If, as a worker, you can purchase health insurance, which is a gateway to health care, not health care itself, it is because your employer provides a plan or you can afford the individual insurance market. Again, your ability to do this depends on others. The employer must provide the plan AND provide you with enough working hours to qualify, AND enough of a salary to afford your share of the premium — a 100% employer-paid plan being a rarity today — or enough of a salary for you to afford individual insurance. And if you are like most workers, there was little or no negotiation of salary when you were hired. You took the wage and benefits (if any) package offered. The amount and frequency of raises, bonuses or additional benefits are at your employer's discretion. Even if you are represented by a union, you may have seen a wage or benefit freeze or cut in recent years. Unionists are dependent on the skill of their negotiators. Represented or not, working "for a living" means an awful lot of dependence for someone who claims self-sufficiency.

Perhaps there was a time in this nation when there was such a thing as self-sufficiency. I remember going to a quilt exhibit in Indiana in the late '70's and seeing, in amongst the modern quilts, a 19th century quilt made by a woman who grew the plants from which she spun the thread to make the quilt, as well as the plants from which she made the dye for it. Then she made and dyed the quilt herself. THAT is self-sufficiency. (And even then, she might have had a midwife to help her give birth to her children, so health care, such as it was back then, was not always "Do It Yourself.")

Today, when someone lauds the virtues of self-reliance, I think of the Unabomber, alone in his Montana shack, building his bombs. Yet even he biked into town once in a while for a sack of flour. If you believe the government accounts, the assassin is always a lone gunman. And I have never read a story of an old lady living alone with a lot of cats that made mention of her being on welfare. At least once a year, I read a story of someone who was discovered dead days, weeks, months, and in one case, two years after passing, without family and unmissed by neighbors or tradespeople. That's the gold standard of self-sufficiency.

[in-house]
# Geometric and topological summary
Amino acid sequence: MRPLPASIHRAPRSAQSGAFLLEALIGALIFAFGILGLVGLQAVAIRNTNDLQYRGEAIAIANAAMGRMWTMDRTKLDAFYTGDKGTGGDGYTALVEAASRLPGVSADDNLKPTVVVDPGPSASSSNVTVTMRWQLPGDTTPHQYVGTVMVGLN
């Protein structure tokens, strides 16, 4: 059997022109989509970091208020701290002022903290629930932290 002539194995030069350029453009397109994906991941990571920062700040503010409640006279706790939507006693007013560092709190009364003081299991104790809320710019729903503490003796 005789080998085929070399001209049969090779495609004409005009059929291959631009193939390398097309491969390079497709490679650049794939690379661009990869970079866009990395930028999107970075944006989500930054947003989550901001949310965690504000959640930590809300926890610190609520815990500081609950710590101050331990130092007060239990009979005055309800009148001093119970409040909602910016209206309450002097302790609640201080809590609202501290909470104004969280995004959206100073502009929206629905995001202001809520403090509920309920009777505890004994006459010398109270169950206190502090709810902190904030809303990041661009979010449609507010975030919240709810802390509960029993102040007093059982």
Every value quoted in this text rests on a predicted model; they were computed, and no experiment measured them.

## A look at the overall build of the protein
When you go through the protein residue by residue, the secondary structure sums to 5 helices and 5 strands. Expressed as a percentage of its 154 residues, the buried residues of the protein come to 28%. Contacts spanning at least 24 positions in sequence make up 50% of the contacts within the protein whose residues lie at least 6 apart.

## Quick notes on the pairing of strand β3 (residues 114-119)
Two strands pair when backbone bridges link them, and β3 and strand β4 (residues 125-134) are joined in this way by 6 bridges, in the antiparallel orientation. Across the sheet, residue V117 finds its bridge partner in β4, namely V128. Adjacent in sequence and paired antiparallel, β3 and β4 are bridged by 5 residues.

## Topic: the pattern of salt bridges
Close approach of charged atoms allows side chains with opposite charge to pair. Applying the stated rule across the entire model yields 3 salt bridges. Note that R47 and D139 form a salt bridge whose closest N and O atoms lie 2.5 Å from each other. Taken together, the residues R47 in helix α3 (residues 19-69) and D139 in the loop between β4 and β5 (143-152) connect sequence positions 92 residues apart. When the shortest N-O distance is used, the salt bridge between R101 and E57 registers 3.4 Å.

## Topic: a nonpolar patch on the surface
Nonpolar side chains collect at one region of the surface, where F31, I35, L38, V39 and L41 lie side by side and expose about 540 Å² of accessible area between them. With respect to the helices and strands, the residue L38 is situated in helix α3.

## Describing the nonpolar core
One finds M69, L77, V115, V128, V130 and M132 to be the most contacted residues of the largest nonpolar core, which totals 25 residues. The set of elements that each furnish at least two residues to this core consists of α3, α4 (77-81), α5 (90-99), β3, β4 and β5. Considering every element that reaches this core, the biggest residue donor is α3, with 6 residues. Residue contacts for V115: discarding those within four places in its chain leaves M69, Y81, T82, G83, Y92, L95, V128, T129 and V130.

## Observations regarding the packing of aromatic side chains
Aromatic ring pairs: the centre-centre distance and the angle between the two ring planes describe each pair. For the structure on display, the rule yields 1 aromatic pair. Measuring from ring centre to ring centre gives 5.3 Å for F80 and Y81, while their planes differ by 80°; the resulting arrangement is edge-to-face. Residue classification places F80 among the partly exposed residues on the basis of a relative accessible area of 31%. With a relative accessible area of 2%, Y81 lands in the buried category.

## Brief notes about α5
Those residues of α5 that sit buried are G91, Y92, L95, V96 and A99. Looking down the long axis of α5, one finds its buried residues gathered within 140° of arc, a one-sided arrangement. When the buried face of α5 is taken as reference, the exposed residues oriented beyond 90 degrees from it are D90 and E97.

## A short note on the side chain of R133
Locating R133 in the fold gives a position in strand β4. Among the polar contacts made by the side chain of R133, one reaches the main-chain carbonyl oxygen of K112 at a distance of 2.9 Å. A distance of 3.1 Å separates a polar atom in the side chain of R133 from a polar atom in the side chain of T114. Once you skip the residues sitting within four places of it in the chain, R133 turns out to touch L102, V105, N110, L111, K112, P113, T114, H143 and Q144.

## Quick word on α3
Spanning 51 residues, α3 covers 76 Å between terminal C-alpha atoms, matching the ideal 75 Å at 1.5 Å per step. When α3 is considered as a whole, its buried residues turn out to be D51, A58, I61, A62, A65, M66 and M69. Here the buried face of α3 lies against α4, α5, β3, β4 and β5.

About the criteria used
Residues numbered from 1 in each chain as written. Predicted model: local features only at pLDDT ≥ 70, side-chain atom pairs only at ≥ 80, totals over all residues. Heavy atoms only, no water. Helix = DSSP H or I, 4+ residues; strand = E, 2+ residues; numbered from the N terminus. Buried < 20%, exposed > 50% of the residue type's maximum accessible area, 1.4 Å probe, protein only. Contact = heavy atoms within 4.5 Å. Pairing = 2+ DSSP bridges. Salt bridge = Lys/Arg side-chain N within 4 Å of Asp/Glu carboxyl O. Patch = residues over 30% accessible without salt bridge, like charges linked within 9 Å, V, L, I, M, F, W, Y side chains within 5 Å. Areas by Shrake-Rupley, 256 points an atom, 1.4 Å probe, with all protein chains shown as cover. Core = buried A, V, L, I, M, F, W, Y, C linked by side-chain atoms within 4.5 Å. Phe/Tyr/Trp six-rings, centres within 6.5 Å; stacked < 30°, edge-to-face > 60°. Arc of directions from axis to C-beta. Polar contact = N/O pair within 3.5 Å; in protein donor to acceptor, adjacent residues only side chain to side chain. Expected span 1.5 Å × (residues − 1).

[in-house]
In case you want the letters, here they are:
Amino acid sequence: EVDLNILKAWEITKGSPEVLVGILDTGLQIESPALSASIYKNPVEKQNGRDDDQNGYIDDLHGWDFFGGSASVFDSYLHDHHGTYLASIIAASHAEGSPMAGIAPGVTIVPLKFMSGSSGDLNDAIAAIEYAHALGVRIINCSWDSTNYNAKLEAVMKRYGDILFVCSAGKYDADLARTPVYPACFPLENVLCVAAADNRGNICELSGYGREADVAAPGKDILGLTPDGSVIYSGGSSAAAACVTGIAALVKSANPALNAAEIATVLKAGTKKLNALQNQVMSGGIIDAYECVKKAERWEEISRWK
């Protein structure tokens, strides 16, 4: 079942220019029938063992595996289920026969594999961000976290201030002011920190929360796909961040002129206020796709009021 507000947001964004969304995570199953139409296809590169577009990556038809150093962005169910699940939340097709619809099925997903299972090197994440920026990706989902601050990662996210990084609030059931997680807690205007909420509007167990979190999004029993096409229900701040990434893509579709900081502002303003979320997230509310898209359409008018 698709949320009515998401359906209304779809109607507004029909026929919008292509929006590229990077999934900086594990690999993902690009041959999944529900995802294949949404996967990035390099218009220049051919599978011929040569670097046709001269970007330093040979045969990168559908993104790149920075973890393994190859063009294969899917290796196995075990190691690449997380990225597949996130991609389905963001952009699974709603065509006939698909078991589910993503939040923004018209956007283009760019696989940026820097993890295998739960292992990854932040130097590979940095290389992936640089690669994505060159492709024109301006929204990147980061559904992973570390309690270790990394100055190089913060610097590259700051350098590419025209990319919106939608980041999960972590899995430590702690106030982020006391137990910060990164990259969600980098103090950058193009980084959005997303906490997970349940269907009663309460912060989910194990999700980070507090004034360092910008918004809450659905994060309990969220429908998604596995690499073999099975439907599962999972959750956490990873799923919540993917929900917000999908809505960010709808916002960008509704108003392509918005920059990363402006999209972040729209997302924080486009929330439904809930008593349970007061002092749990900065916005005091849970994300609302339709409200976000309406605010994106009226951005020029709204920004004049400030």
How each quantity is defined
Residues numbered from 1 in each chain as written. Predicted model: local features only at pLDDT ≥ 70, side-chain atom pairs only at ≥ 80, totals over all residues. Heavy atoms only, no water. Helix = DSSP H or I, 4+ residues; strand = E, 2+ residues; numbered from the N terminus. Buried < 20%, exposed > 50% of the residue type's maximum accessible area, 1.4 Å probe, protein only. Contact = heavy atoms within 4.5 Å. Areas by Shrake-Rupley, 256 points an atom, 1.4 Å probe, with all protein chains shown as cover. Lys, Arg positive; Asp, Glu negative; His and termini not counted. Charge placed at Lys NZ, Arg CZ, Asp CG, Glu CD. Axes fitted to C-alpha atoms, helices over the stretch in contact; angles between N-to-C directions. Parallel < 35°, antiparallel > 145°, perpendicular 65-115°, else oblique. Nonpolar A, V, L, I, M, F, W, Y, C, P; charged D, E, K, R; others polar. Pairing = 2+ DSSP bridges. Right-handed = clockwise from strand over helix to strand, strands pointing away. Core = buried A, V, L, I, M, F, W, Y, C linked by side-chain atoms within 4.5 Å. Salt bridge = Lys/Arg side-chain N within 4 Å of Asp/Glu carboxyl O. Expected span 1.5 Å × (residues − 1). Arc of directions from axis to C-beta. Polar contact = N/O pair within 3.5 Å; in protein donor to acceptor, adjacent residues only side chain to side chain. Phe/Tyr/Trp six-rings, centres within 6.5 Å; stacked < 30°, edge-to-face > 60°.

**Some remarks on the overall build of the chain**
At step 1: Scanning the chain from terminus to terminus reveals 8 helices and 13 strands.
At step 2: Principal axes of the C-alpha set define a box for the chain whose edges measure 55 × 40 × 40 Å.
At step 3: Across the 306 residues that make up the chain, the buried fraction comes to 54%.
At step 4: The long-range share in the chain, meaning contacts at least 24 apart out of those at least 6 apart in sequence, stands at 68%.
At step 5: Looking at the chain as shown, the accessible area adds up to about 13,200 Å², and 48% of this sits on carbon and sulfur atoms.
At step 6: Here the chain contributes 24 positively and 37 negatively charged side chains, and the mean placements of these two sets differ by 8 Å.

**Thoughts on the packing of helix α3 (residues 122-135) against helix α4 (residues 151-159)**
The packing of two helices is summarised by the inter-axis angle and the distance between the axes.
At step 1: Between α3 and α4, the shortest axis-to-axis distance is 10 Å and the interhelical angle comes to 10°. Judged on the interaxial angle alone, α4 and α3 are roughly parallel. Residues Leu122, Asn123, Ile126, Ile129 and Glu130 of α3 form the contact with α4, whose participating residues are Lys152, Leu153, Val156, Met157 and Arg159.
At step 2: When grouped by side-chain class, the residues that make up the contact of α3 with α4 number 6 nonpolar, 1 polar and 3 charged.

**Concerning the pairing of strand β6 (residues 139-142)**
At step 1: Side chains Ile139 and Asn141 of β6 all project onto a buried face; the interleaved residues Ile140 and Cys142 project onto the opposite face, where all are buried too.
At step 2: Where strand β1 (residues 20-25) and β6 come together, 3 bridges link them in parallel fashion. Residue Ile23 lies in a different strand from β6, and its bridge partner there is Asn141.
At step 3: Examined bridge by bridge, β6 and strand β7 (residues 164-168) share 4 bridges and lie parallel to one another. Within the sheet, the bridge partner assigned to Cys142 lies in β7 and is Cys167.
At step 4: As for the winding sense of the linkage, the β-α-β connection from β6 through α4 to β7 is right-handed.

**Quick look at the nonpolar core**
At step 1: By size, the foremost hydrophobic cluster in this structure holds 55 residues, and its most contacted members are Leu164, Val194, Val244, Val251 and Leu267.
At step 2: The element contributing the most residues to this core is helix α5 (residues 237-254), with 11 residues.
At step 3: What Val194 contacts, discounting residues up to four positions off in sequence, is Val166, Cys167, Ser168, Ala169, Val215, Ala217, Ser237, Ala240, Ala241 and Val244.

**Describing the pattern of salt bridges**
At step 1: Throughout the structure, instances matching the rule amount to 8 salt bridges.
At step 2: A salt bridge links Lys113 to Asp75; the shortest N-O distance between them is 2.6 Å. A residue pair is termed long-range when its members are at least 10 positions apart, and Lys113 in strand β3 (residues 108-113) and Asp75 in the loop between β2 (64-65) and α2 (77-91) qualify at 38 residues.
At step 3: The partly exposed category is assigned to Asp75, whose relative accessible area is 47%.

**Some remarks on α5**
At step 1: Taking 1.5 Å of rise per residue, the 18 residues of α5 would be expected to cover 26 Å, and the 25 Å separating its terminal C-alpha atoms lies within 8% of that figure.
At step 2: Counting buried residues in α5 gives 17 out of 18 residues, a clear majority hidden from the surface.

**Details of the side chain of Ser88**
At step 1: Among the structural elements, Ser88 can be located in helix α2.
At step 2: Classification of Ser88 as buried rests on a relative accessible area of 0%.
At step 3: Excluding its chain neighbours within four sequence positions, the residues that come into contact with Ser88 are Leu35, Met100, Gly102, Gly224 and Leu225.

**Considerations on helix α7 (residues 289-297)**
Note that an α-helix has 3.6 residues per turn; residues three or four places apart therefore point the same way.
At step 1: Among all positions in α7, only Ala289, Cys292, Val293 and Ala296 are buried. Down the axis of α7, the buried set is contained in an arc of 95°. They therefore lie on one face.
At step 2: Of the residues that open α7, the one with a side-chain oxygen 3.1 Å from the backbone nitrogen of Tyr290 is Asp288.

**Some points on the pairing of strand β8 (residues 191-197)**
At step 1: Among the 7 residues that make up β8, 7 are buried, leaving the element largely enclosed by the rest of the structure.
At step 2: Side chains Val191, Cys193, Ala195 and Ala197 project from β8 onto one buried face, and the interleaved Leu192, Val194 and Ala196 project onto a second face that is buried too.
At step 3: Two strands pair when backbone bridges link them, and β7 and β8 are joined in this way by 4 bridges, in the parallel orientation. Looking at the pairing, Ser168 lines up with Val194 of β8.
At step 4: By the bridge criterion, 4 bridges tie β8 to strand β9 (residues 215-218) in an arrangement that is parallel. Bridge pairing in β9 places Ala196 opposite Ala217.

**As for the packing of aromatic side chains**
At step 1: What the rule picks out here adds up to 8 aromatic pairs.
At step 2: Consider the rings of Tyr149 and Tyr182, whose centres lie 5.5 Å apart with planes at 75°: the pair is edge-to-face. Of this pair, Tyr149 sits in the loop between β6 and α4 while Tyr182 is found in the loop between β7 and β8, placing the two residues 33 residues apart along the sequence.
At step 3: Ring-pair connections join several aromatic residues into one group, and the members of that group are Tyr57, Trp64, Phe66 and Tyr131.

We are not independent; we are interdependent. And though it costs us something to see that our neighbor is taken care of in times of need, we also benefit from our community's members being as strong and healthy as possible so that they all can contribute their time and effort in providing goods and services to the community according to their inclinations. That's where freedom comes in: freedom of choice in what we do with our lives. I fail to see freedom in people working a job, or two or three, just because it was what they could get to pay the bills. In this, Karl Marx was correct: "From each, according to his abilities. To each, according to his needs" should be the guiding principle of economics.

"That's Socialism!" you cry in horror. Yes, it is. So what? We are all members of a society. That is something the self-sufficiency fetishists have forgotten.